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Author Notes:

Matthew S. Minturn, Email: matthew.minturn@caunschutz.edu

Rita S. Lee, MD (University of Colorado), donated instructional time and resources throughout the course and provided financial support for working with standardized patients. Natalie Nokoff, MD (University of Colorado), donated instructional time and materials throughout the project. Daniel Reirden, MD (University of Colorado), donated instructional time and materials during early parts of this project

Kirsten Broadfoot, PhD, and the Center for Advancing Professional Excellence at the University of Colorado provided standardized patients and support for working with standardized patients throughout this project. The Gender Identity Center of Colorado and the GLBT Community Center of Colorado provided access to staff and community members for panel discussions throughout the project. The following individuals at the University of Colorado also provided support or resources during the design and implementation of this project: Austin Butterfield, MD, Robin Christian, MD, Michele Doucette, PhD, Philipp Hannan, MD, Tai Lockspeiser, MD, Steve Lowenstein, MD, Carrie Myers, and Rachel Sewell, MD.

Subjects:

Research Funding:

None to report.

Keywords:

  • Case-Based Learning
  • Diversity
  • Editor's Choice
  • Gender Identity
  • Health Equity
  • Human Sexuality
  • Inclusion
  • LGBT Health
  • LGBT Terminology
  • LGBTQ
  • LGBTQ+
  • Primary Care
  • Sexual and Gender Minority
  • Transgender
  • Canada
  • Curriculum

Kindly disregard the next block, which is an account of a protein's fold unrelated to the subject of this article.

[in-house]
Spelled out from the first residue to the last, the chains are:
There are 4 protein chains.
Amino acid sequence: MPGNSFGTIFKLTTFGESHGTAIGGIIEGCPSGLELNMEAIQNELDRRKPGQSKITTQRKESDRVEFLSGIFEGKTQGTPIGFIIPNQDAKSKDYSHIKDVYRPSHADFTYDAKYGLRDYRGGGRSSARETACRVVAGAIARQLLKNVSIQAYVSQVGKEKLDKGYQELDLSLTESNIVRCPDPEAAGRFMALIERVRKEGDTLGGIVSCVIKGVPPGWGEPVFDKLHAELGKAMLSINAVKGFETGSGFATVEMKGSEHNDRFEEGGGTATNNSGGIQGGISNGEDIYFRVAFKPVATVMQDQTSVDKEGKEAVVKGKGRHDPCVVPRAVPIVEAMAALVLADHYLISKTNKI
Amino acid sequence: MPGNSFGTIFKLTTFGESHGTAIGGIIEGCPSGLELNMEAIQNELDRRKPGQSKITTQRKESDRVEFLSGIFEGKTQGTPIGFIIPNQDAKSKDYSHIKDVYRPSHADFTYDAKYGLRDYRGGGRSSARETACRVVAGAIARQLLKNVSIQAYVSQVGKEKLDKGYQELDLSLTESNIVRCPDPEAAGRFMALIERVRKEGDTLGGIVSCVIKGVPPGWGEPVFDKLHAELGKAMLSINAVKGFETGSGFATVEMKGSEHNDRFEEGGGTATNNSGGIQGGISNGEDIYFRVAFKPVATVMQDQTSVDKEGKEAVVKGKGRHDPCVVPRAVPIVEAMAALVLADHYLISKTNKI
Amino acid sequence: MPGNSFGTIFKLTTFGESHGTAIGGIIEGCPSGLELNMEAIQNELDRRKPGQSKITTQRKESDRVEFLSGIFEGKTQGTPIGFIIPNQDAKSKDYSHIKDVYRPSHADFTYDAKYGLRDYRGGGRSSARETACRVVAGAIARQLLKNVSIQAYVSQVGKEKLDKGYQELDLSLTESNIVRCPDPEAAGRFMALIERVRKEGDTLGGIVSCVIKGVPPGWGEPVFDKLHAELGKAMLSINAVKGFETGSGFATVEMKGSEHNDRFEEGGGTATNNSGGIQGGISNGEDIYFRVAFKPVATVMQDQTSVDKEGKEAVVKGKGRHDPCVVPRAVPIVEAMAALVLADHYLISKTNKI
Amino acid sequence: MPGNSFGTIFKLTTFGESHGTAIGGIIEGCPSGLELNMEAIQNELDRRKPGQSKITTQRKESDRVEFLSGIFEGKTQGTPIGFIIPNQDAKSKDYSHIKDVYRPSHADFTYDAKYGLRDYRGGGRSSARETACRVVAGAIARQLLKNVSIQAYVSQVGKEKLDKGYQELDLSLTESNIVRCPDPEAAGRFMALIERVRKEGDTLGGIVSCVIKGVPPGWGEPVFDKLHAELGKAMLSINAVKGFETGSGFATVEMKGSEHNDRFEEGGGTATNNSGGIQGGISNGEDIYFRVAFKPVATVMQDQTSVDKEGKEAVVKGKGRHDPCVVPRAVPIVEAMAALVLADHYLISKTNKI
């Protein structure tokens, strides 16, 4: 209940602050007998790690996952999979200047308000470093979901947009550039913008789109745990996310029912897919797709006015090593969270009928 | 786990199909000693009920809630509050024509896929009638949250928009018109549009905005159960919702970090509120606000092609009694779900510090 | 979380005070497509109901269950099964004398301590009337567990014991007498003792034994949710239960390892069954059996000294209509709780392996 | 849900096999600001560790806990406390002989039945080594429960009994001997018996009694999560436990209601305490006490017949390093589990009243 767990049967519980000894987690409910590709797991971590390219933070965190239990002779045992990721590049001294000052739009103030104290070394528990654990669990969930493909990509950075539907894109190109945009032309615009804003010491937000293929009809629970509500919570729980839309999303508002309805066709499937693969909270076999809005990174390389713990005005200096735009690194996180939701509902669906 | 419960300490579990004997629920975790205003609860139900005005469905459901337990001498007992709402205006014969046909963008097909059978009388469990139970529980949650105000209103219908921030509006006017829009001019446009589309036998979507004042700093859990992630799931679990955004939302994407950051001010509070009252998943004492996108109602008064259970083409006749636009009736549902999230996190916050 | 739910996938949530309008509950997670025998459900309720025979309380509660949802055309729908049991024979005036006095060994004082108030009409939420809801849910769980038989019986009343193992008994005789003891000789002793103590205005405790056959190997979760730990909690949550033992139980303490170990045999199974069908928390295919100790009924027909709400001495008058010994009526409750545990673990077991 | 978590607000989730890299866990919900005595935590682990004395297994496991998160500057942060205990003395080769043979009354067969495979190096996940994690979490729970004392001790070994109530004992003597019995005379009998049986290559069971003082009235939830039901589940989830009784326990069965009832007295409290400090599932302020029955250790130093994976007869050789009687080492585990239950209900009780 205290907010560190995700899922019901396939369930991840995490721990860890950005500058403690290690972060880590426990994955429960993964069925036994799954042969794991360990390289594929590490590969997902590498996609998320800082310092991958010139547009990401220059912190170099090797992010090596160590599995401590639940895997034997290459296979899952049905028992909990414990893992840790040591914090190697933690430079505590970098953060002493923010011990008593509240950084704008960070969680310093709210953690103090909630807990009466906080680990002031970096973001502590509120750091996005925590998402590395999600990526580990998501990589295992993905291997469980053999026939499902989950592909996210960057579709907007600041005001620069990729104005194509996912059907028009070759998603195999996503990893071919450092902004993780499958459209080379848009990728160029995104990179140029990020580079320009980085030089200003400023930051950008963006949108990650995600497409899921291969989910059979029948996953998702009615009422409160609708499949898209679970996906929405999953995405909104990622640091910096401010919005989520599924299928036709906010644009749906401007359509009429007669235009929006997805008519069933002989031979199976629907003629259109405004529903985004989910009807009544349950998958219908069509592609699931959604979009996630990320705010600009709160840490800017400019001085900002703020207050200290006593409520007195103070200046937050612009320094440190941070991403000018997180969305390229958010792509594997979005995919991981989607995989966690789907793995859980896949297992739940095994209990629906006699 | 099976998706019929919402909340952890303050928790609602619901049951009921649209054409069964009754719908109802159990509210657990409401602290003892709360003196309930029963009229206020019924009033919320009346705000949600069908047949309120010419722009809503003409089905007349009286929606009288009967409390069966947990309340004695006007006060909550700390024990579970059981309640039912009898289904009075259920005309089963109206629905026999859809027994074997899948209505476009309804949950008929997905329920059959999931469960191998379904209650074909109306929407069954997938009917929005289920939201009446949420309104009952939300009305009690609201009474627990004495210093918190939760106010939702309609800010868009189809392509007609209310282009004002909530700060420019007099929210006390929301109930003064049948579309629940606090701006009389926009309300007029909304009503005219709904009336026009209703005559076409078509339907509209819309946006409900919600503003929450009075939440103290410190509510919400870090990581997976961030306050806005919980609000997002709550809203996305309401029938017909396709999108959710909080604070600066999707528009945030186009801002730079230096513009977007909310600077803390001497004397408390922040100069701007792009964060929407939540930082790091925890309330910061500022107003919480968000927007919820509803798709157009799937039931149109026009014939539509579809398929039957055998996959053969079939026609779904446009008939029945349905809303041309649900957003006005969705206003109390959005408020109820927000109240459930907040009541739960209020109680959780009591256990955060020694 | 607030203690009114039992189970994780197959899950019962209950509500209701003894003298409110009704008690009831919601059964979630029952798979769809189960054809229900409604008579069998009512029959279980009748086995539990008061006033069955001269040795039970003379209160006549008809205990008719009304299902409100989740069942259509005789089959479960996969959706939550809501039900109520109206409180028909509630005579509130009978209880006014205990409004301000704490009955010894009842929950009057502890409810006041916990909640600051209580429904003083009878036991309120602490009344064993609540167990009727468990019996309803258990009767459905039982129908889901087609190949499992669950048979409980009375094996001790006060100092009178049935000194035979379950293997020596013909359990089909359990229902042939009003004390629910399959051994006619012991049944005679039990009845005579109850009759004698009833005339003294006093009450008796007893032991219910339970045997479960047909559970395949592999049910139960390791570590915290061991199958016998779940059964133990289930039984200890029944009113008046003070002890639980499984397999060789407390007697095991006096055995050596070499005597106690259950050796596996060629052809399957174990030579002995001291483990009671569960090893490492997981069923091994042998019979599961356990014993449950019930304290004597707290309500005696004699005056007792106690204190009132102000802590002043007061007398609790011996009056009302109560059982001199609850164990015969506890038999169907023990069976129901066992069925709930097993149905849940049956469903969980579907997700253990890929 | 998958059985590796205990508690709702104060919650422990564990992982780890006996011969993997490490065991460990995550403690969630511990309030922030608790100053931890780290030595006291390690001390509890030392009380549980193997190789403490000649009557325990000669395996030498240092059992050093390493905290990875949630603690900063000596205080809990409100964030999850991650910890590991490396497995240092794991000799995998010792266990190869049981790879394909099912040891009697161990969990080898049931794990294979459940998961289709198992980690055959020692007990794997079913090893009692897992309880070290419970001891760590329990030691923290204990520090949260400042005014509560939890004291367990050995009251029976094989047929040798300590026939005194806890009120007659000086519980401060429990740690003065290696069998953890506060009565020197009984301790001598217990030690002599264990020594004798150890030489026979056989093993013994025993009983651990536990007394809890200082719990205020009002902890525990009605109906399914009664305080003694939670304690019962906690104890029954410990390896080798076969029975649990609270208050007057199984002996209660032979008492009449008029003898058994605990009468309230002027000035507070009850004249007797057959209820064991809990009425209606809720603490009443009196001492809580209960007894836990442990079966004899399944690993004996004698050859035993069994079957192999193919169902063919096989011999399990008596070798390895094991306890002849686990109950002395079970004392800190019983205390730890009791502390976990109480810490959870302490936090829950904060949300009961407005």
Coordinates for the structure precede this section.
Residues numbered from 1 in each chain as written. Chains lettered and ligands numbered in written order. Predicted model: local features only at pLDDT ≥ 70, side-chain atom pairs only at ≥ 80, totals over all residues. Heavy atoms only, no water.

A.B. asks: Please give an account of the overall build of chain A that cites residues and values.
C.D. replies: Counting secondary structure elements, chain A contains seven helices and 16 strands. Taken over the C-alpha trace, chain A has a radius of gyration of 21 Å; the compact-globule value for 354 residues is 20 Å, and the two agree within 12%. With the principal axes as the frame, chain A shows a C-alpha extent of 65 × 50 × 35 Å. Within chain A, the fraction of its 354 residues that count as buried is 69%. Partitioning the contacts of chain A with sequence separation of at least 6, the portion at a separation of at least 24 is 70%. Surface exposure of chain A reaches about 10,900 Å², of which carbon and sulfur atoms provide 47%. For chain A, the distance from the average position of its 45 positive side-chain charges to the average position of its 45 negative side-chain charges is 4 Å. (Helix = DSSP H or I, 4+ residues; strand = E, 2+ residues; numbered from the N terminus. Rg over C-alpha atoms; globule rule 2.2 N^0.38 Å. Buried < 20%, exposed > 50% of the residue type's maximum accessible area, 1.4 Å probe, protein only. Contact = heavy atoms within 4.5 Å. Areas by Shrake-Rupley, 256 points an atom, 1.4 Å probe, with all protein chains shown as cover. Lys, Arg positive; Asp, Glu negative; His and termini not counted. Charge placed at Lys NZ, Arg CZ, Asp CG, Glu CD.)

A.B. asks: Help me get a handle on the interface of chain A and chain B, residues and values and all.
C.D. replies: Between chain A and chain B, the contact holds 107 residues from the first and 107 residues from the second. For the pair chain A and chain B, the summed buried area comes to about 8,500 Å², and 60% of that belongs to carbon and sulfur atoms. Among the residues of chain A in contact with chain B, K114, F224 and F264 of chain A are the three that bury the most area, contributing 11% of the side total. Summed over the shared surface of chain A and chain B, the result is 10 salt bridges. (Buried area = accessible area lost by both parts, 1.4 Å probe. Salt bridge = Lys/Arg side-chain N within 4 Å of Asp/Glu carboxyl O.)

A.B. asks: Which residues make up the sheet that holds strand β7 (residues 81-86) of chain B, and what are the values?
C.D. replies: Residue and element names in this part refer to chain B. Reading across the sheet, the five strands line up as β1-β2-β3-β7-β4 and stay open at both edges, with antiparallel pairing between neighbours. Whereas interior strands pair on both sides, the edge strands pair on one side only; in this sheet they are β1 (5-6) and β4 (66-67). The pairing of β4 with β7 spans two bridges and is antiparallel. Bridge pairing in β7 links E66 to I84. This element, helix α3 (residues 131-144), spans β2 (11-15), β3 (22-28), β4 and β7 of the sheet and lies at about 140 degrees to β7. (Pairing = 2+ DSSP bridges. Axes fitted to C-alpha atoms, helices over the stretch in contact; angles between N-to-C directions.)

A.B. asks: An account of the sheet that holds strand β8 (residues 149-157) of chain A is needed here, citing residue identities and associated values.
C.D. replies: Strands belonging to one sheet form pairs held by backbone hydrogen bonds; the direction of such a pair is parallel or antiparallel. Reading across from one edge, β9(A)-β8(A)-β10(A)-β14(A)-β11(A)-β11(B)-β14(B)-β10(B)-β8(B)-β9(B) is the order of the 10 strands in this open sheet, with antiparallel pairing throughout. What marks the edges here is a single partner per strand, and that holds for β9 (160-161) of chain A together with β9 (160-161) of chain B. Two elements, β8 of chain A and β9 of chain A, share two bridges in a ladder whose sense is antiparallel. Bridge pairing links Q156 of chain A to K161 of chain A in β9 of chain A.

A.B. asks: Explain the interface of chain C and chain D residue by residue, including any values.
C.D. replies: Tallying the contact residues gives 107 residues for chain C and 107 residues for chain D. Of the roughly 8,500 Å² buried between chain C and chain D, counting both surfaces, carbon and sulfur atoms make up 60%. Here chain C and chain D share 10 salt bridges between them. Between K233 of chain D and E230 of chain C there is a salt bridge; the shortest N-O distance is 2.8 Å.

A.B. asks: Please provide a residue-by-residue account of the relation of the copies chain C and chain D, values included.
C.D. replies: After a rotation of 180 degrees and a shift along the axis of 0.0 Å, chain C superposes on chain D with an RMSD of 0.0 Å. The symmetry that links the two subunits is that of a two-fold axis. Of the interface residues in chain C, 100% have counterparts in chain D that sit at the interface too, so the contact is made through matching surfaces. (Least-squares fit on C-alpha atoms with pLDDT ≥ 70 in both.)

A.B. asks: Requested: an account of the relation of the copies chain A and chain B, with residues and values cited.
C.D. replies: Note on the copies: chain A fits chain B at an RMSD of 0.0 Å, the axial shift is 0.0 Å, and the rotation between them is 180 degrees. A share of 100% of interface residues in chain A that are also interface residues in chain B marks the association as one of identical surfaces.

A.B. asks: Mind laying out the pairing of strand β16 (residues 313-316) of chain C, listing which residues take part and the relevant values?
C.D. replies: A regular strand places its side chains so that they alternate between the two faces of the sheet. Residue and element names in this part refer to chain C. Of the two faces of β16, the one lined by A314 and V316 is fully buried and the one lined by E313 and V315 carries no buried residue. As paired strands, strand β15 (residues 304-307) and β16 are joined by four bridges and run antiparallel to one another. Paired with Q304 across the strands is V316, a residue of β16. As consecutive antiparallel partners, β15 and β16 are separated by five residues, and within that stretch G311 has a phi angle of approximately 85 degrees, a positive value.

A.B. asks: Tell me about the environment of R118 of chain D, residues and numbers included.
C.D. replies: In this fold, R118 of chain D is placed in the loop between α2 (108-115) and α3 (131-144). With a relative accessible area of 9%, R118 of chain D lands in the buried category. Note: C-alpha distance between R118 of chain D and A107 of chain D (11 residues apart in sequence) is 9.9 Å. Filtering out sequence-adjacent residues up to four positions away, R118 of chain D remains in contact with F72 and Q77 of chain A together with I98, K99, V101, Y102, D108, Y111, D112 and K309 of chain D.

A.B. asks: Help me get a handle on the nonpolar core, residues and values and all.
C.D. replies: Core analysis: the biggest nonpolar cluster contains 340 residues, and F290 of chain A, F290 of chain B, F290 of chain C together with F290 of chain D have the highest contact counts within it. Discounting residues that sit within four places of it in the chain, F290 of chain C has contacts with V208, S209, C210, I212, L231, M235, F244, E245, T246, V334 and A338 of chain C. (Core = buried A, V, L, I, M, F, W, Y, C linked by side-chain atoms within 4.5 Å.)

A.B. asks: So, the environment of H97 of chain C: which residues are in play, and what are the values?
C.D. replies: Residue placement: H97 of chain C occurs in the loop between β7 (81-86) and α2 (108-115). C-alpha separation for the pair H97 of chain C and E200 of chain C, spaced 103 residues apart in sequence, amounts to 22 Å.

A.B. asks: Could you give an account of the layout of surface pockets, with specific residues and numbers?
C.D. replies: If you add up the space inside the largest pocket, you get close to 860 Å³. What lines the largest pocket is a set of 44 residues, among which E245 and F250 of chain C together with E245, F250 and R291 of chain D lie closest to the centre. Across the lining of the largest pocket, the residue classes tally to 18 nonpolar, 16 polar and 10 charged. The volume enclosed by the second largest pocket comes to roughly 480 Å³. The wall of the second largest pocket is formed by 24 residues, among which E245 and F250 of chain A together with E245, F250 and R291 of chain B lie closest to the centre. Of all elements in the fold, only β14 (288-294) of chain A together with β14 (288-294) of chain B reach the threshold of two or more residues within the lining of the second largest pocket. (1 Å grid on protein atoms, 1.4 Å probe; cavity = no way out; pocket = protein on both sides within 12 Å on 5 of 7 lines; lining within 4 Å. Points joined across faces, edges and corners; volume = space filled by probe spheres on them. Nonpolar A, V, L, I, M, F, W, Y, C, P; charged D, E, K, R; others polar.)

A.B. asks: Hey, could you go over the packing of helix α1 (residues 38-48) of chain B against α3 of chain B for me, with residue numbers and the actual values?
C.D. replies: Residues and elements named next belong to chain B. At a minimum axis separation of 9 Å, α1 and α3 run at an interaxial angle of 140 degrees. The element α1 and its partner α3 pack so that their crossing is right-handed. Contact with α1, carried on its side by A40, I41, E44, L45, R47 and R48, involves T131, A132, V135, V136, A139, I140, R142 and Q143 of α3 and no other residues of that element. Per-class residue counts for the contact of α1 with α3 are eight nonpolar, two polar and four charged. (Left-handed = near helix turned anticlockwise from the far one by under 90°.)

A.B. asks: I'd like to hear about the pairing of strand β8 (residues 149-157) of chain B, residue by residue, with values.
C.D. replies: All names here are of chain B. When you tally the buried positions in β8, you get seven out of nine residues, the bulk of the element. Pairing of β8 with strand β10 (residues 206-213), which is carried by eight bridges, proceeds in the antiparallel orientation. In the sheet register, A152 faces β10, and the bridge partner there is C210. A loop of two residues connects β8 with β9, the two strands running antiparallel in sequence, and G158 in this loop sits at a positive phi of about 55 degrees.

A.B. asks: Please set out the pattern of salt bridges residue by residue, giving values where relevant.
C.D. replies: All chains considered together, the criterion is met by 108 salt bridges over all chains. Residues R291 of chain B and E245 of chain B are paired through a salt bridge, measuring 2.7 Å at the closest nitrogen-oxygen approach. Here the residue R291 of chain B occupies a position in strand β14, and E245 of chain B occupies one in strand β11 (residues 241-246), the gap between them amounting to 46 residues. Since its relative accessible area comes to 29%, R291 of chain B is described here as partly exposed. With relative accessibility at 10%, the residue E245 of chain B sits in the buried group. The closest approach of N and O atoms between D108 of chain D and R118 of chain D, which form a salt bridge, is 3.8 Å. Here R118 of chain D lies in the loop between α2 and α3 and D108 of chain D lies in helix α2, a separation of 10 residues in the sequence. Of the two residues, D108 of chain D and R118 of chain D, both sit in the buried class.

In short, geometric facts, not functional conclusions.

• Female
  • Health Occupations
  • Humans
  • Sexual and Gender Minorities
  • Students, Medical

Early Intervention for LGBTQ Health: A 10-Hour Curriculum for Preclinical Health Professions Students

Tools:

Journal Title:

MedEdPORTAL : the journal of teaching and learning resources

Volume:

Volume 17

Publisher:

, Pages 11072-11072

Type of Work:

Article | Final Publisher PDF

Abstract:

Introduction: Individuals who identify as lesbian, gay, bisexual, transgender, or queer (LGBTQ) face significant health disparities and barriers to accessing care. Patients have reported provider lack of knowledge as one of the key barriers to culturally responsive, clinically competent care. Many US and Canadian medical schools still offer few curricular hours dedicated to LGBTQ-related topics, and medical students continue to feel unprepared to care for LGBTQ patients. Methods: We developed a 10-hour LGBTQ health curriculum for preclinical medical and physician assistant students. The curriculum included lectures and case-based small-group discussions covering LGBTQ terminology, inclusive sexual history taking, primary care and health maintenance, and transition-related care. It also included a panel discussion with LGBTQ community members and a small-group practice session with standardized patients. Students were surveyed before and after completing the curriculum to assess for increases in confidence and knowledge related to LGBTQ-specific care. Results: Forty first- and second-year medical students completed the sessions and provided valid responses on pre- and postcourse surveys. Nearly all students initially felt unprepared to sensitively elicit information, summarize special health needs and primary care recommendations, and identify community resources for LGBTQ individuals. There was significant improvement in students' confidence in meeting these objectives after completion of the five sessions. Knowledge of LGBTQ health issues increased minimally, but there was a significant increase in knowledge of LGBTQ-related terminology. Discussion: Our 10-hour LGBTQ health curriculum was effective at improving medical students' self-confidence in working with LGBTQ patients but was less effective at increasing LGBTQ-related medical knowledge.

Copyright information:

© 2021 Minturn et al.

This is an Open Access work distributed under the terms of the Creative Commons Attribution-NonCommercial 4.0 International License (https://creativecommons.org/licenses/by-nc/4.0/rdf).
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